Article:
Hands-on with Alienware’s eye-tracking behemoth gaming laptop
Traditionally, I’ve recommended that PC gamers avoid 17-inch gaming laptops unless absolutely necessary for two key reasons. First, because their ridiculous size means they’re normally laptops in name only. Second, because they’re super-expensive and run lower powered, mobile GPUs that can't be upgraded and don’t come close to matching desktop performance.
This year, my opinion could change. Thanks to great work by Nvidia and OEMs, we’re set to see a fresh wave of top-notch 17-inch gaming notebooks that run full-fat desktop GPUs in the very near future.
The Alienware 17 is one of the first set to hit the market and, thanks to the addition of nifty eye-tracking tech, it could be one of 2016’s most exciting gaming laptops.
Here are four things you need to know about the Alienware 17.
Watch: Hands-on with the new Alienware 15 and 17
2015 was all about supersized laptops. Thanks to advances in Nvidia’s graphics card designs, we saw numerous giant laptops with desktop components hit the market – the ridiculous MSI GT72S Dragon Edition and Asus GX700, for example.
The Alienware 17 feels like a refinement of 2015’s model, packing Nvidia’s shiny new desktop GPU into a sleek new chassis that won’t see you break your back on the way to LAN parties.
The company claims the new case is “almost” 25% thinner and has an improved cooling system that will stop it heating up to dangerous levels during prolonged gaming sessions. I managed only 15 minutes of Assassin’s Creed Syndicate during my hands-on, but I'm pleased to report that the laptop never fired up to even noticeably warm levels in that time.
The chassis uses a new anodized aluminium, magnesium alloy and redesigned "TactX" keyboard. The alloy feels slightly more solid than past Alienware machines.
We see a modest, but important upgrade with the keyboard. Alienware lists it as having a 2.2mm key travel and rapid-response feature that lets it register more than 108 key commands per minute. I didn't get close to reaching the key command limit, but found the keyboard comfortable to game on and especially reactive. I can see it being a big hit for competitive RTS and aRPG gamers.
I was only able to test the basic Full HD version of the Alienware 17, although a spokesman on hand confirmed that the company will offer a 4K option. This will be a great news for people looking to play games at resolutions above 1080p, although I found that the basic FHD model was still pretty awesome.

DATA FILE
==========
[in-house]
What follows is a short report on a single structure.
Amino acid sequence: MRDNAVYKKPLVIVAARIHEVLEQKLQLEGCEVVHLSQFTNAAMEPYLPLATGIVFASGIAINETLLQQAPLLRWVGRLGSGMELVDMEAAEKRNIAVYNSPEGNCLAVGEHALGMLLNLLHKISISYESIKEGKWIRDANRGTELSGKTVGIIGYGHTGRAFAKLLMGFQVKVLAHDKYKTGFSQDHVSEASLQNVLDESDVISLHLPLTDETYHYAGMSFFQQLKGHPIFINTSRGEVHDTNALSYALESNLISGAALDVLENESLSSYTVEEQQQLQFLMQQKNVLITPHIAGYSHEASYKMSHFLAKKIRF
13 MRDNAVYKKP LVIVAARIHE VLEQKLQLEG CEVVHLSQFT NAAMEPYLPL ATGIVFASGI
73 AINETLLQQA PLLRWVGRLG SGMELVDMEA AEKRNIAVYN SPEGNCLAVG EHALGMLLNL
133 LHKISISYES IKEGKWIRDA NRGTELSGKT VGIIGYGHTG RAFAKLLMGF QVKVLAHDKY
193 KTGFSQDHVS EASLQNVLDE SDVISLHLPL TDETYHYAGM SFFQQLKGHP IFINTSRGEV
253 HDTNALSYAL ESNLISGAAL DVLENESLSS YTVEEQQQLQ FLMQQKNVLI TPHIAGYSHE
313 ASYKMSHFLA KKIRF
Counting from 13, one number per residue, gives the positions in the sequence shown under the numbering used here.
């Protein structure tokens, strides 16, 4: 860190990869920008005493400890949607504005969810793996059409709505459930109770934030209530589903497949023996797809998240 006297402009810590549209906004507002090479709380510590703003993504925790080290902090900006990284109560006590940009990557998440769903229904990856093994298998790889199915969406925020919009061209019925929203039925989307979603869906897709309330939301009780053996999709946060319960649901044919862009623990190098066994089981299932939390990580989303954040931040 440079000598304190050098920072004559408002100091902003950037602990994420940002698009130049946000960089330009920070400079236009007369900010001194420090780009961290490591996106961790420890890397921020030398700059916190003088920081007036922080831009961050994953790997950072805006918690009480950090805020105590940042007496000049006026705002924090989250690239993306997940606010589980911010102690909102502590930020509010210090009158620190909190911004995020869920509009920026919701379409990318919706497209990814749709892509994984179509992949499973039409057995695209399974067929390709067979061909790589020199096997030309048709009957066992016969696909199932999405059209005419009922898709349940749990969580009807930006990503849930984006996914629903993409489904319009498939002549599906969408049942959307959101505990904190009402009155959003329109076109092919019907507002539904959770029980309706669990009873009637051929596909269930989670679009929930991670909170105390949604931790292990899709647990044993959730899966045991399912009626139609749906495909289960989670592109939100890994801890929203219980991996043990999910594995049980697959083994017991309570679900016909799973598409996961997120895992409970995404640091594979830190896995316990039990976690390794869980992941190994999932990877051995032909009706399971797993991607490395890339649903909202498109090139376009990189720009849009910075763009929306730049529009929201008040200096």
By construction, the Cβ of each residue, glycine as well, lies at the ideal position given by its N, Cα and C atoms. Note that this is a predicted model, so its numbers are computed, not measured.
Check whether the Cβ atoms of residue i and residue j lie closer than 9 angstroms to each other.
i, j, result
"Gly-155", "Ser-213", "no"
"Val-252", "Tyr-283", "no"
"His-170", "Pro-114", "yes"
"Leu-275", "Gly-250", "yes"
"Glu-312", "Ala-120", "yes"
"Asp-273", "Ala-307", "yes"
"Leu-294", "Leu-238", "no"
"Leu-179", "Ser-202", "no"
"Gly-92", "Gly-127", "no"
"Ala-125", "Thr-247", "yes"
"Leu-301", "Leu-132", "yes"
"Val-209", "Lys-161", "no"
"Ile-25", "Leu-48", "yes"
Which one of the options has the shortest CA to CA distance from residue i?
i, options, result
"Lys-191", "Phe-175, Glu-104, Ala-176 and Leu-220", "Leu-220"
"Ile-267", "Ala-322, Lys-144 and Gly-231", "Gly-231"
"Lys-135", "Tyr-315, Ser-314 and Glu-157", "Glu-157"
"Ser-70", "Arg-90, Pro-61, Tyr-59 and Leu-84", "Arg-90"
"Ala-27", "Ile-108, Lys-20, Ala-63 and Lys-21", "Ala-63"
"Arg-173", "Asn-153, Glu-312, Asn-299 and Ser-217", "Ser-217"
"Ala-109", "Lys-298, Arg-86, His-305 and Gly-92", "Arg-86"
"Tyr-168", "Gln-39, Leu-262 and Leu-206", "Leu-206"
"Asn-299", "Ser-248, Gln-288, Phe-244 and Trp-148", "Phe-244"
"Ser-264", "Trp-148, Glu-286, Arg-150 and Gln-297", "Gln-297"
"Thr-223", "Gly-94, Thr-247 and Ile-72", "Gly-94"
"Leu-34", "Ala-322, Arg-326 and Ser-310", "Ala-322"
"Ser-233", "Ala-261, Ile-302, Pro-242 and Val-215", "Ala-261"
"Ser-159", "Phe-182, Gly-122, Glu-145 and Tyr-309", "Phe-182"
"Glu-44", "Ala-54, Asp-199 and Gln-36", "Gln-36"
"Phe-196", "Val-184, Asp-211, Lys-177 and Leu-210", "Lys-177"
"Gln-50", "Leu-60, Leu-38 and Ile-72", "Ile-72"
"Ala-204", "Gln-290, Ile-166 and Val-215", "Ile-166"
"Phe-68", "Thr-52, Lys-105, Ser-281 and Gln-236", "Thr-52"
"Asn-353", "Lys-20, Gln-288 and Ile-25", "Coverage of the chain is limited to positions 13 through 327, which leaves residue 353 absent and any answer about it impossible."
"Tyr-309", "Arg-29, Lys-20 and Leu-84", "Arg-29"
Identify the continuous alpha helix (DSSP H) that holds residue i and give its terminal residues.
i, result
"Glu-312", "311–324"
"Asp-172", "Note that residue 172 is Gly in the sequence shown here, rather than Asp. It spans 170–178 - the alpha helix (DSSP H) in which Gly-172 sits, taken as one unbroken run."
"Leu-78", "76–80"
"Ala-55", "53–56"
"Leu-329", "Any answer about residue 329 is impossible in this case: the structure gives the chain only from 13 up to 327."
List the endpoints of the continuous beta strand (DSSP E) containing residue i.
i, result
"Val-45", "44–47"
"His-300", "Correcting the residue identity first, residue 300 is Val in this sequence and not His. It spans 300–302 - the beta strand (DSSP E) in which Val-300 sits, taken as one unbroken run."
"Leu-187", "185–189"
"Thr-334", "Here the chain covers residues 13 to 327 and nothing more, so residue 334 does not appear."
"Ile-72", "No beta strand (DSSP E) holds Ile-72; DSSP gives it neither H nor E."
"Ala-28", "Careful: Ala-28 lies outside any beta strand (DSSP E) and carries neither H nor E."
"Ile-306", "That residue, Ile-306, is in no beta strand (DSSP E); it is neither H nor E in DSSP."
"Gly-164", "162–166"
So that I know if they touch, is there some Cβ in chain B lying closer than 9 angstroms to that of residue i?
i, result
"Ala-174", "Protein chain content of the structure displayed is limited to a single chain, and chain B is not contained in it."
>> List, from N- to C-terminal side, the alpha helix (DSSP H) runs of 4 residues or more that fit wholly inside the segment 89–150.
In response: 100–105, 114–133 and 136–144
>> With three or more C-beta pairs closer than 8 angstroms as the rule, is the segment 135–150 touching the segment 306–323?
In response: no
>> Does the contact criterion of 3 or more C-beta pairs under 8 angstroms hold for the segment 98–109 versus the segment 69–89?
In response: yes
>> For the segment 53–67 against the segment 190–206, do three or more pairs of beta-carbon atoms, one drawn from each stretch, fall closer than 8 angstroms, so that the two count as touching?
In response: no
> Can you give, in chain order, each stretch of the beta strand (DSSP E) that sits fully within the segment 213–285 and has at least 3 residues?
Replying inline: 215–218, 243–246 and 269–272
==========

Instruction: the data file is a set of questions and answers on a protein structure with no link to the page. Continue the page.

The IPS panel’s 120Hz refresh rate is well suited for gaming and, even though blacks didn’t appear quite as inky as I’d like, colours looked balanced and viewing angles were excellent.
This is a huge step forward; thanks to refinements in Nvidia’s manufacturing process, there’s pretty much no difference between the 1070 and 1080s used in the Alienware 17 and the full-fat desktop version.
The only notable difference is that the 1070 desktop version has 2,048 CUDA cores and a marginally higher 1,683MHz clock speed. The 1070 seen in the Alienware 17 will have 1,920 CUDA cores and a 1,645MHz clock speed. In real terms this will make very little difference to performance, and in some circumstances the laptop GTX 1070 will be slightly faster than its desktop sibling.
Backed up by an Intel Core i7-6700HQ processor and 8GB of DDR4 memory (upgradeable to 32GB), whichever card you choose, the Alienware 17 will happily cope with 1080p and 1440p gaming – 4K will still be a stretch, tif you ramp up things like anti-aliasing, but it'll handle most games with aplomb.
The use of Pascal GPUs also means that the Alienware 17 is VR-ready and will work with headsets such as the HTC Vive.
Related: Best GPU 2016
Ever since the Terminator movies, I haven't been a fan of machines that can watch me. Which is why I was a little nervous to hear some versions of the Alienware 17 will watch me game using a glitzy IR Tobii eye-tracking camera sensor.
The optional sensor sits at the bottom-left edge of the laptop's screen and is designed to let you control some titles with eye movements, and track your movements during gaming sessions using the Overwolf app.
The control feature only works on specific games, but I was impressed by how fun it was when playing Assassin’s Creed Syndicate. The tracker let me control the game’s camera using eye movements. Specifically, it would adjust the camera to focus where I was looking and turn it when I looked left or right for prolonged periods.
The Overwolf app is a little more interesting. The app uses the sensor to record your gaming session and retroactively create a heat map that shows where you were looking at any given time. This means you can see your “gaze pattern” as well as what commands and actions you took at any given point. In theory, this will make it easier for competitive gamers to spot mistakes and hone their skills.
I didn’t get a chance to try out the feature, but I can see it being a key selling point for serious MOBA, RTS and racing gamers.
Related: Best Gaming Laptops 2016
The new keyboard feels great
And I'm all for the slimmer chassis
The choice of 1070 and 1080 GPUs also makes it an outright beast for gaming
Competitive gamers will likely love the eye-tracking tech
The Alienware 17 is set for release in October. Alienware hasn’t confirmed the 17’s UK pricing. but considering its track record, it won't be cheap.
Featuring a full-fat GTX 1070, or 1080 graphics card, the Alienware 17 is an absolute beast of gaming machine. Outside of the Asus GX800 and Acer Predator 21X, which run the GTX 1080 in SLI, you’re not going to get a more powerful gaming laptop.
If money is no object then this could be the ideal choice for competitive gamers looking for a mobile rig that they can lug to LAN parties. Its overall mass-market appeal will be determined by one key detail we currently don’t have; how much it will cost.